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Kid Wolf of Texas by Paul S. Powers

Kid Wolf Of Texas

A Western Story

By

WARD M. STEVENS

CHELSEA HOUSE

79 Seventh Avenue, New York, N. Y.

PUBLISHERS

Kid Wolf Of Texas

Copyright, 1930, by CHELSEA HOUSE

Printed in the U. S. A.

All rights reserved, including that of translation into foreign languages, including the Scandinavian.

CONTENTS

CHAPTER

I. THE LIVING DEAD II. A THANKLESS TASK III. THE GOVERNOR'S ANSWER IV. SURPRISES V. THE CAMP OF THE TERROR VI. ON THE CHISHOLM TRAIL VII. MCCAY'S RECRUIT VIII. ONE GAME HOMBRE IX. THE NIGHT HERD X. TUCUMCARI'S HAND XI. A BUCKSHOT GREETING XII. THE S BAR SPREAD XIII. DESPERATE MEASURES XIV. AT DON FLORISTO'S XV. GOLIDAY'S CHOICE XVI. A GAME OF POKER XVII. POT SHOTS XVIII. ON BLACKSNAKE'S TRAIL XIX. THE FANG OF THE WOLF XX. BATTLE ON THE MESA XXI. APACHES XXII. THE RESCUE XXIII. TWO OPEN GRAVES XXIV. PURSUIT XXV. BLIZZARD'S CHARGE

KID WOLF OF TEXAS

CHAPTER I

THE LIVING DEAD

"Oh, I want to go back to the Rio Grande! The Rio! That's where I long to be!"

The words, sung in a soft and musical tenor, died away and changed to a plaintive whistle, leaving the scene more lonely than ever. For a few moments nothing was to be seen except the endless expanse of wilderness, and nothing was to be heard save the mournful warble of the singer. Then a horse and rider were suddenly framed where the sparse timber opened out upon the plain.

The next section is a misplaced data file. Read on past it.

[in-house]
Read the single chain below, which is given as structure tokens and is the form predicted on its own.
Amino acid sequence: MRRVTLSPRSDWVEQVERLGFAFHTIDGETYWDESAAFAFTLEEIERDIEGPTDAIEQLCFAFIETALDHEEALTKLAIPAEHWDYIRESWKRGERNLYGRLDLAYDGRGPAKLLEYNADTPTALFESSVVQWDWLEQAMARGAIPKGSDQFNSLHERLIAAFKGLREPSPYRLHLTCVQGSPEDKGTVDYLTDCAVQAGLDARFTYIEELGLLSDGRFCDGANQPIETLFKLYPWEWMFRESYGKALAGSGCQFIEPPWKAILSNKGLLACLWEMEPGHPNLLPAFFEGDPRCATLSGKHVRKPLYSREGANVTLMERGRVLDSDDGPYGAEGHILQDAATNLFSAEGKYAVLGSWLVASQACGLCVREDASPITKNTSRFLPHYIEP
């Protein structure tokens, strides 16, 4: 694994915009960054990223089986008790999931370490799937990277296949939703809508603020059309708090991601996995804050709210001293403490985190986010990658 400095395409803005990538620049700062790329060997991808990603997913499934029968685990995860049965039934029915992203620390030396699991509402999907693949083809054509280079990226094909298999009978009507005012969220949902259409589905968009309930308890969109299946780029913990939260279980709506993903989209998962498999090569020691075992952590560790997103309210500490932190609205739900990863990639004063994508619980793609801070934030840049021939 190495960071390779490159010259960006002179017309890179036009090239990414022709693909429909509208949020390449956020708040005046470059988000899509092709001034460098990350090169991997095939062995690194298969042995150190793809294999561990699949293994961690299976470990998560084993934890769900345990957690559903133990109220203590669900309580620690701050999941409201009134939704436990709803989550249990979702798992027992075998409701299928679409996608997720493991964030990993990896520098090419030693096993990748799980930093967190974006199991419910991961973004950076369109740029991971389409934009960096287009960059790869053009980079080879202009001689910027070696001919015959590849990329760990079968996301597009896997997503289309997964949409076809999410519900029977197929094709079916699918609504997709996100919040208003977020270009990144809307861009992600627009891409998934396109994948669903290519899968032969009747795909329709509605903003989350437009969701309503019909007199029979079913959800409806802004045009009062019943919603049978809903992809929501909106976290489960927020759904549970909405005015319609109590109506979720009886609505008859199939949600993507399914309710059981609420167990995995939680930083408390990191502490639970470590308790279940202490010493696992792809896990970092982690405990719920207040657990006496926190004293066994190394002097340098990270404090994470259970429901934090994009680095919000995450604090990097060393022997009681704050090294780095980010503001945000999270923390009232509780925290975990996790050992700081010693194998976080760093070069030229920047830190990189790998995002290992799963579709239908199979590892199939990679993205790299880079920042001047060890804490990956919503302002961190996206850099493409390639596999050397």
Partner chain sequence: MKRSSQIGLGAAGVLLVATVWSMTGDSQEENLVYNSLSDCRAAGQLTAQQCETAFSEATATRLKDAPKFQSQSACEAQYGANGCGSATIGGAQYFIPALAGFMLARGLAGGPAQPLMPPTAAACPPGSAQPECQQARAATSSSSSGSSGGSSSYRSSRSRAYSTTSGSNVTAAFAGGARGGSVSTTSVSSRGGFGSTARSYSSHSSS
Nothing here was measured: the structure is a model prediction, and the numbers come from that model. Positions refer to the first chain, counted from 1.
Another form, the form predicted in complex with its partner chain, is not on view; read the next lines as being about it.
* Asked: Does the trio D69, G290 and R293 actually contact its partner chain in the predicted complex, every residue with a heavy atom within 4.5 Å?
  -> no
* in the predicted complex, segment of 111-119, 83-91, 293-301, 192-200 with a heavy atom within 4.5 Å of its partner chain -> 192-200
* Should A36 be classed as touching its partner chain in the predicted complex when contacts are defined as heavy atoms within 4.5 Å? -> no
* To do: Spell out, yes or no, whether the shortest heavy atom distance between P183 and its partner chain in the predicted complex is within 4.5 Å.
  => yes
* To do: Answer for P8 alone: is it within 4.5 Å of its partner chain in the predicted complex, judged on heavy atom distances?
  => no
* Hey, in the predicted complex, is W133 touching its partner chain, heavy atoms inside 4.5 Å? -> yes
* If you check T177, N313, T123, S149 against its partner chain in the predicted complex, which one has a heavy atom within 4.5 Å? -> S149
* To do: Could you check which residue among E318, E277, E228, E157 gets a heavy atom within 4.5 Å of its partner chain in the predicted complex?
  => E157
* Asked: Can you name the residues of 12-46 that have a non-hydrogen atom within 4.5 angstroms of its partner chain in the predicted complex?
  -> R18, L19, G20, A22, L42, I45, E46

Together, man and mount made a striking picture; yet it would have been hard to say which was the more picturesque--the rider or the horse. The latter was a splendid beast, and its spotless hide of snowy white glowed in the rays of the afternoon sun. With bit chains jingling, it gracefully leaped a gully, landing with all the agility of a mountain lion, in spite of its enormous size.

The rider, still whistling his Texas tune, swung in the concha-decorated California stock saddle as if he were a part of his horse. He was a lithe young figure, dressed in fringed buckskin, touched here and there with the gay colors of the Southwest and of Mexico.

Two six-guns, wooden-handled, were suspended from a cartridge belt of carved leather, and hung low on each hip. His even teeth showed white against the deep sunburn of his face.

"Reckon we-all bettah cut south, Blizzahd," he murmured to his horse. "We haven't got any business on the Llano."

He spoke in the soft accents of the old South, and yet his speech was colored with just a trace of Spanish--a musical drawl seldom heard far from that portion of Texas bordering the Rio Bravo del Norte.

Wheeling his mount, he searched the landscape with his keen blue eyes. Behind him was broken country; ahead of him was the terrible land that men have called the Llano Estacado. The land rose to it in a long series of steppes with sharp ridges.


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